Cincinnati’s best music: November 2017

A bountiful feast for the ears

It’s not unusual for our city to nearly burst with great music, but some months the intensity seems to burn a bit more fiercely, and this November is a hot one. Here’s a savory sampling.

Chamber music

Whether globe-trotting talent imported for the occasion or worthy hometown stars, each of eight (8!) November chamber concerts could qualify for “must-see” status. 

Barry Douglas (photo by Katya Kraynova)

Barry Douglas (photo by Katya Kraynova)

Among the imports, one legend looms large – pianist Barry Douglas, on the Xavier Music Series (Sunday, Nov. 12, 2:30 p.m., Gallagher Center Theater). A true giant of the keyboard, Douglas has been wowing audiences for three decades. Here’s your chance to experience him, solo, in a 360-seat theater, playing Mussorgsky’s “Pictures at an Exhibition,” plus much more.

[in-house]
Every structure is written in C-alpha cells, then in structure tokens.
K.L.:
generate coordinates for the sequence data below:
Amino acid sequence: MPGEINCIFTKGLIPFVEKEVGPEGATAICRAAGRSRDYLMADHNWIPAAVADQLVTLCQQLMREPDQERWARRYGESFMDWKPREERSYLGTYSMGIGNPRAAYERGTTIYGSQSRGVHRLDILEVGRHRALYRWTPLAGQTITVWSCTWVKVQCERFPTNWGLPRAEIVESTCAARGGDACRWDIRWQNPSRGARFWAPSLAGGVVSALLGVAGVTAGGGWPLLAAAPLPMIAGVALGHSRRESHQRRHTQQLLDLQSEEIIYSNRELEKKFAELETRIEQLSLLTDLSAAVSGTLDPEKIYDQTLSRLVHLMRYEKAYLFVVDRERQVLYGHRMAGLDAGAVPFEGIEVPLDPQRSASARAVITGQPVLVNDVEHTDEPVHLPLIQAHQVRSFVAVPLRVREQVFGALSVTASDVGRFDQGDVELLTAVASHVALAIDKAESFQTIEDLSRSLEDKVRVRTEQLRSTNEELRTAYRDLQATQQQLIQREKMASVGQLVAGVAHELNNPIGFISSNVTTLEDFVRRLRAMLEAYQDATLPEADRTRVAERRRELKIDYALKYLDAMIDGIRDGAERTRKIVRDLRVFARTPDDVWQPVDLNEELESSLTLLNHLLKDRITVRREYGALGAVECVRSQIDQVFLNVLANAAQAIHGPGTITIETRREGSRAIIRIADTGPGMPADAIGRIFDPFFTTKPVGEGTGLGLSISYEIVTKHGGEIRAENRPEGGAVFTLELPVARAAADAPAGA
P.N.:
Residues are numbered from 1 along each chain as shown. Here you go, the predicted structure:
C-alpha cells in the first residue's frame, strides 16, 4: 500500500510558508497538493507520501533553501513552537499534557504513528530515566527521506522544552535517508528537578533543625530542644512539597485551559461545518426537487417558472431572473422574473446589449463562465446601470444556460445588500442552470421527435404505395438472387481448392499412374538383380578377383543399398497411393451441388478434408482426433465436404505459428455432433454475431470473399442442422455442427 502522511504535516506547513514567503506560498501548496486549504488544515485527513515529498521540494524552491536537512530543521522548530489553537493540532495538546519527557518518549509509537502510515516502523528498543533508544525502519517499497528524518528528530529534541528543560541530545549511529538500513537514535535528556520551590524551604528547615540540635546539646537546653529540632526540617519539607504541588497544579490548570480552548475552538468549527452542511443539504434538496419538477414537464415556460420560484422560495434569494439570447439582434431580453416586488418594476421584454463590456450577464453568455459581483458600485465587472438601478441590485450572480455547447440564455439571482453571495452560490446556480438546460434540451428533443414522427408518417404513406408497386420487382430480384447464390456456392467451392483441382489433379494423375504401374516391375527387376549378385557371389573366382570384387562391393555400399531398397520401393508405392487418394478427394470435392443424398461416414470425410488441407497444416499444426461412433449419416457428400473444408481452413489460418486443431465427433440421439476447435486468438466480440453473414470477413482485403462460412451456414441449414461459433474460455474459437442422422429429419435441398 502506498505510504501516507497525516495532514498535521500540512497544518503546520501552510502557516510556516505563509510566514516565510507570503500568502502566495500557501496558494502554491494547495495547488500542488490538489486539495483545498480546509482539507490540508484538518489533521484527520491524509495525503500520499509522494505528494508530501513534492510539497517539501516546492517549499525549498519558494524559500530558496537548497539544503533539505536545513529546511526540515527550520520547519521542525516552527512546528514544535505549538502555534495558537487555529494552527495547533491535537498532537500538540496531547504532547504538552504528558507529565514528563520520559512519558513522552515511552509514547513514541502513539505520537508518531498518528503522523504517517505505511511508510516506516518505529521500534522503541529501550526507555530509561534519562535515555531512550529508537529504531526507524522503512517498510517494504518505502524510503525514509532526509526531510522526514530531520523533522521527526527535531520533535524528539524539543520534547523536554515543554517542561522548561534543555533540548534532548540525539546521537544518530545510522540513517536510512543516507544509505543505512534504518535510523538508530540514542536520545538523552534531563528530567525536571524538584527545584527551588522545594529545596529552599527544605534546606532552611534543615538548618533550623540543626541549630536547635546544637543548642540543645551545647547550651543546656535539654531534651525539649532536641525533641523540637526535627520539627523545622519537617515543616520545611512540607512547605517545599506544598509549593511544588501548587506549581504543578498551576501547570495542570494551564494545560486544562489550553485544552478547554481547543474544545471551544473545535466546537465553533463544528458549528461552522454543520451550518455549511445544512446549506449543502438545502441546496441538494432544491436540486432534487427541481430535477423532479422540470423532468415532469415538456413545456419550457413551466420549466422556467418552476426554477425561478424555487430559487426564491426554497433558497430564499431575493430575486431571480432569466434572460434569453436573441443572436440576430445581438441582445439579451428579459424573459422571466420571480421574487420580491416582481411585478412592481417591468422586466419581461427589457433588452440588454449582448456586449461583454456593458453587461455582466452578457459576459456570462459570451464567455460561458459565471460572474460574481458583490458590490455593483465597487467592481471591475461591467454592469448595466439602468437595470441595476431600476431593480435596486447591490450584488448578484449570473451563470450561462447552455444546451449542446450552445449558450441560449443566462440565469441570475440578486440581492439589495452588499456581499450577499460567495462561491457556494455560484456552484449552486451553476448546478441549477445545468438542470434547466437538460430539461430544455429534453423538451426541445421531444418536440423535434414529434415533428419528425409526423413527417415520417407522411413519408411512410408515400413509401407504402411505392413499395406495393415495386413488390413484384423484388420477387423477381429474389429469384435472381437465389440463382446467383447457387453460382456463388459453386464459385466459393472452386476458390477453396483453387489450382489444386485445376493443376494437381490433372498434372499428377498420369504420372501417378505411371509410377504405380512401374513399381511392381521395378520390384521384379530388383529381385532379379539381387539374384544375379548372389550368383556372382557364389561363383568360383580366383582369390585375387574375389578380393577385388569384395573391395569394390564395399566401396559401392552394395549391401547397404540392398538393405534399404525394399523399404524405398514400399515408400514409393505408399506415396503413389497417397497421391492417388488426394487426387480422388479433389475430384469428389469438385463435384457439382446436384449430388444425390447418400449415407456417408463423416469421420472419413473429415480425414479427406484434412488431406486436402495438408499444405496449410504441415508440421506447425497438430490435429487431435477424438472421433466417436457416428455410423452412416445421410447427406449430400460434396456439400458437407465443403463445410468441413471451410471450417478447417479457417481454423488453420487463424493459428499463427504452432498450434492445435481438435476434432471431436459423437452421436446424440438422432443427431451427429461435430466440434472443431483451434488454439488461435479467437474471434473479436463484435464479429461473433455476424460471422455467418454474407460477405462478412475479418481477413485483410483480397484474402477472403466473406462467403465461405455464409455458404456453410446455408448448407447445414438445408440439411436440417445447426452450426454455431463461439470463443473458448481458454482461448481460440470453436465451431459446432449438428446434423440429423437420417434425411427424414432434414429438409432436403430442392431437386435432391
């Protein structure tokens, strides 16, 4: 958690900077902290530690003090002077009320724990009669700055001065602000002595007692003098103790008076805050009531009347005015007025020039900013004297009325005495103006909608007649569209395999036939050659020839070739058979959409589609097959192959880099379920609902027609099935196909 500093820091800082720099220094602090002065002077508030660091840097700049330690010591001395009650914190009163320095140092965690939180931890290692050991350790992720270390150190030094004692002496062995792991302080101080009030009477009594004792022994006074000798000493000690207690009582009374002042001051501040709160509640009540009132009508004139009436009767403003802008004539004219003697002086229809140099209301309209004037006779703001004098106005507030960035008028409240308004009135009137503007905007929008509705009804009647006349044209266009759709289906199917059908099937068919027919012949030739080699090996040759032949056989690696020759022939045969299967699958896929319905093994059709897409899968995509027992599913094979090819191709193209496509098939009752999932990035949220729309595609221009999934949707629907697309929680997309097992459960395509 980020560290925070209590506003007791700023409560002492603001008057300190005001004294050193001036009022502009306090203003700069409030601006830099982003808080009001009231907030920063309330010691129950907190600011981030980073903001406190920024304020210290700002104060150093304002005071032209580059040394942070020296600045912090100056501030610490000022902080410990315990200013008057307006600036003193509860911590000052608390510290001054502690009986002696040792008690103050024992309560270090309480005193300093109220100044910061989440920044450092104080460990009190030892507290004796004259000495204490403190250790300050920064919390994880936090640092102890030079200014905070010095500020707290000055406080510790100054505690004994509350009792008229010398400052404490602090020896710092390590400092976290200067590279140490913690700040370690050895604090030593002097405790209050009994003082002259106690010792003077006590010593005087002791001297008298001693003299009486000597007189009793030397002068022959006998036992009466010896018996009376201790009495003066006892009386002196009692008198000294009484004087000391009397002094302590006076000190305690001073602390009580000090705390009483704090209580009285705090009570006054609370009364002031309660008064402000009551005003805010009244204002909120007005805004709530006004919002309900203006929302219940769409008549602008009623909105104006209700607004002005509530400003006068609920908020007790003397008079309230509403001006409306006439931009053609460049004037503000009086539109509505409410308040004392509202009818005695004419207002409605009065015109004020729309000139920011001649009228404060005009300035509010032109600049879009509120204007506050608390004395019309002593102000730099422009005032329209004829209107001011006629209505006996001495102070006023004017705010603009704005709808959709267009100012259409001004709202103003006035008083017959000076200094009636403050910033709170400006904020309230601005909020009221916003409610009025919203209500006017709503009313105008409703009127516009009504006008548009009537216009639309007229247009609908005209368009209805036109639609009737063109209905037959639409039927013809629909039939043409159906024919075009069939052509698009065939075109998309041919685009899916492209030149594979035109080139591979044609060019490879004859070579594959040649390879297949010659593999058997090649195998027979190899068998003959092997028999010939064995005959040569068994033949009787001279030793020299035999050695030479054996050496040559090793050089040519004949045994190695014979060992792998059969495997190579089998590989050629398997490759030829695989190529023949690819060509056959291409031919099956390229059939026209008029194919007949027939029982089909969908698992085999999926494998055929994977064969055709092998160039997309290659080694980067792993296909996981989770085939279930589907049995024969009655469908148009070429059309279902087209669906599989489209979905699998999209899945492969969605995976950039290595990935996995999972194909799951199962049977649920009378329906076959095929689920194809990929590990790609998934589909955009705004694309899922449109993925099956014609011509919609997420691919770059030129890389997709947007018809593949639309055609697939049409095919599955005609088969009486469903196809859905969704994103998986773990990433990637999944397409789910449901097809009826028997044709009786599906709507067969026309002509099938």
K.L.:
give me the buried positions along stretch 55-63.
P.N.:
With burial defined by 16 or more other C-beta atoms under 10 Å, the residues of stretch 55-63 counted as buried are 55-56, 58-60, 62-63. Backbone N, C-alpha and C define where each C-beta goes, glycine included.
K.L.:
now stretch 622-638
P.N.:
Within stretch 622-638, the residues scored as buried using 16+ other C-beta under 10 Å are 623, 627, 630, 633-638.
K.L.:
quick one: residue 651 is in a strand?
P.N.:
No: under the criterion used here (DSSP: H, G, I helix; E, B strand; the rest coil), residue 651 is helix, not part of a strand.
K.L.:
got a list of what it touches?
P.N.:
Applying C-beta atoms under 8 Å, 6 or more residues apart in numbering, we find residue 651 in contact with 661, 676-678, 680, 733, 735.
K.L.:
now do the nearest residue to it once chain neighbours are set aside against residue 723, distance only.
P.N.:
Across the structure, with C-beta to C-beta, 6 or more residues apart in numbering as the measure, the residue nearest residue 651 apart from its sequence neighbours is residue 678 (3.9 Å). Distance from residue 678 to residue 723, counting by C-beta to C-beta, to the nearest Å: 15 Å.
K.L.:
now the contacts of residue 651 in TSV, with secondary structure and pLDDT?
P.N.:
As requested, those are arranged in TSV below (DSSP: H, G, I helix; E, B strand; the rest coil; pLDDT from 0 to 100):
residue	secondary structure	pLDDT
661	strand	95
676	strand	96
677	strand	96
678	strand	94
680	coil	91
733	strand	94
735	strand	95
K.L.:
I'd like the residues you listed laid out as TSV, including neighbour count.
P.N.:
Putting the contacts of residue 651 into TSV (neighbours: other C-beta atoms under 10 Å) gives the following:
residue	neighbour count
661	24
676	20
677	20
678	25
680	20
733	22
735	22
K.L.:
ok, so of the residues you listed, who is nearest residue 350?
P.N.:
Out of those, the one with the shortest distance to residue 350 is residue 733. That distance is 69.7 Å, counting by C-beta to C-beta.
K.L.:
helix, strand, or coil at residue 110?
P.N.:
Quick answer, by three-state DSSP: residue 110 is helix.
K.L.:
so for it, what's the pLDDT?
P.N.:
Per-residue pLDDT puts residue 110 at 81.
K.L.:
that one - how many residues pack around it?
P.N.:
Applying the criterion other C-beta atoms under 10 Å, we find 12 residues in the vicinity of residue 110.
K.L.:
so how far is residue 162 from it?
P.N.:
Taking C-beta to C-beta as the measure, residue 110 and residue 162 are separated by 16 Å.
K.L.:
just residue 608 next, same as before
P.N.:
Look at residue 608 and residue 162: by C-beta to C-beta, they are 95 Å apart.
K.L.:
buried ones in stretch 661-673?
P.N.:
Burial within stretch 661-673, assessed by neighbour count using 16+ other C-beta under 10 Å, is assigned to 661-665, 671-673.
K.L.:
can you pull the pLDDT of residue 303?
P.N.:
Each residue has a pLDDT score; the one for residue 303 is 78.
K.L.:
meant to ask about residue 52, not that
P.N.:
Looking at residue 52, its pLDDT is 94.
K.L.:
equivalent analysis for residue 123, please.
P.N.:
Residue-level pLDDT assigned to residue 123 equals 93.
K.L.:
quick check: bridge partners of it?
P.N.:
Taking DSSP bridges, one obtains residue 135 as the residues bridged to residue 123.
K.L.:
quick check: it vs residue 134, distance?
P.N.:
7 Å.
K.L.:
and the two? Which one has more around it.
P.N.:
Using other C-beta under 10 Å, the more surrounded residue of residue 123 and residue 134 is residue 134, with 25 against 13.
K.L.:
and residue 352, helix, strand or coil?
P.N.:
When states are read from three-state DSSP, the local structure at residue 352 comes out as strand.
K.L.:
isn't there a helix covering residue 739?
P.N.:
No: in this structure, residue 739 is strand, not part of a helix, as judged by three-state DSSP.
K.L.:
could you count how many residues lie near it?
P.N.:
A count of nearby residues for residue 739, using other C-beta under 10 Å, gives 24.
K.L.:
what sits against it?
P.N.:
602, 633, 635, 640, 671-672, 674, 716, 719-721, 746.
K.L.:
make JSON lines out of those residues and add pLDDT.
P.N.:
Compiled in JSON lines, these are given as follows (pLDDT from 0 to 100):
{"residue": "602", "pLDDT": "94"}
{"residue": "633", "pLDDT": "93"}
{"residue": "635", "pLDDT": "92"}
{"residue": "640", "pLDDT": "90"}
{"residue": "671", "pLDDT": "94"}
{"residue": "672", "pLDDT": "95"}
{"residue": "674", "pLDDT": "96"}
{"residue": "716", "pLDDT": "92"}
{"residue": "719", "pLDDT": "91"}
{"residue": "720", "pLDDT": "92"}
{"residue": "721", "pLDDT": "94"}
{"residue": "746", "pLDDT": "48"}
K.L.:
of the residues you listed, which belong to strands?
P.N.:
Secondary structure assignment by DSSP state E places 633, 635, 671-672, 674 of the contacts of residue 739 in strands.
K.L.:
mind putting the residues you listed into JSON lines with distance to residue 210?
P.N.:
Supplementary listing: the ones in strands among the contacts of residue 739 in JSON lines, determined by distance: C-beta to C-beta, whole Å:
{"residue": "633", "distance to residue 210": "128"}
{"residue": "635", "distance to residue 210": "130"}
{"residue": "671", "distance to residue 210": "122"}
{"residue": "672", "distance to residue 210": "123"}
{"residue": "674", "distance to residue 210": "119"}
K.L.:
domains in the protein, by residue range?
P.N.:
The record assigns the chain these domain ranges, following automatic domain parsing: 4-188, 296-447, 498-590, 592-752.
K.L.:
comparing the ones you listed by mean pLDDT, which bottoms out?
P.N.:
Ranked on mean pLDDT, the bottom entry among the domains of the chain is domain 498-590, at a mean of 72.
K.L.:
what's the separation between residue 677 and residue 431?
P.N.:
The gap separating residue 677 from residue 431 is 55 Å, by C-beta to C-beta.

Also performing solo is superb cellist Matt Haimovitz (Monday, Nov. 13, 7:30 p.m., Miami University Performing Arts Series, Oxford Community Arts Center), whose program pairs three Bach Solo Cello Suites with contemporary works inspired by Bach, by Philip Glass, Roberto Sierra, Du Yun, Vijay Iyer and others. Stay tuned to MUPAS social media posts, as Haimovitz will also perform three pop-up mini-concerts with the other three suites and paired works prior to the concert (day-before or day-of) in intimate public venues around town.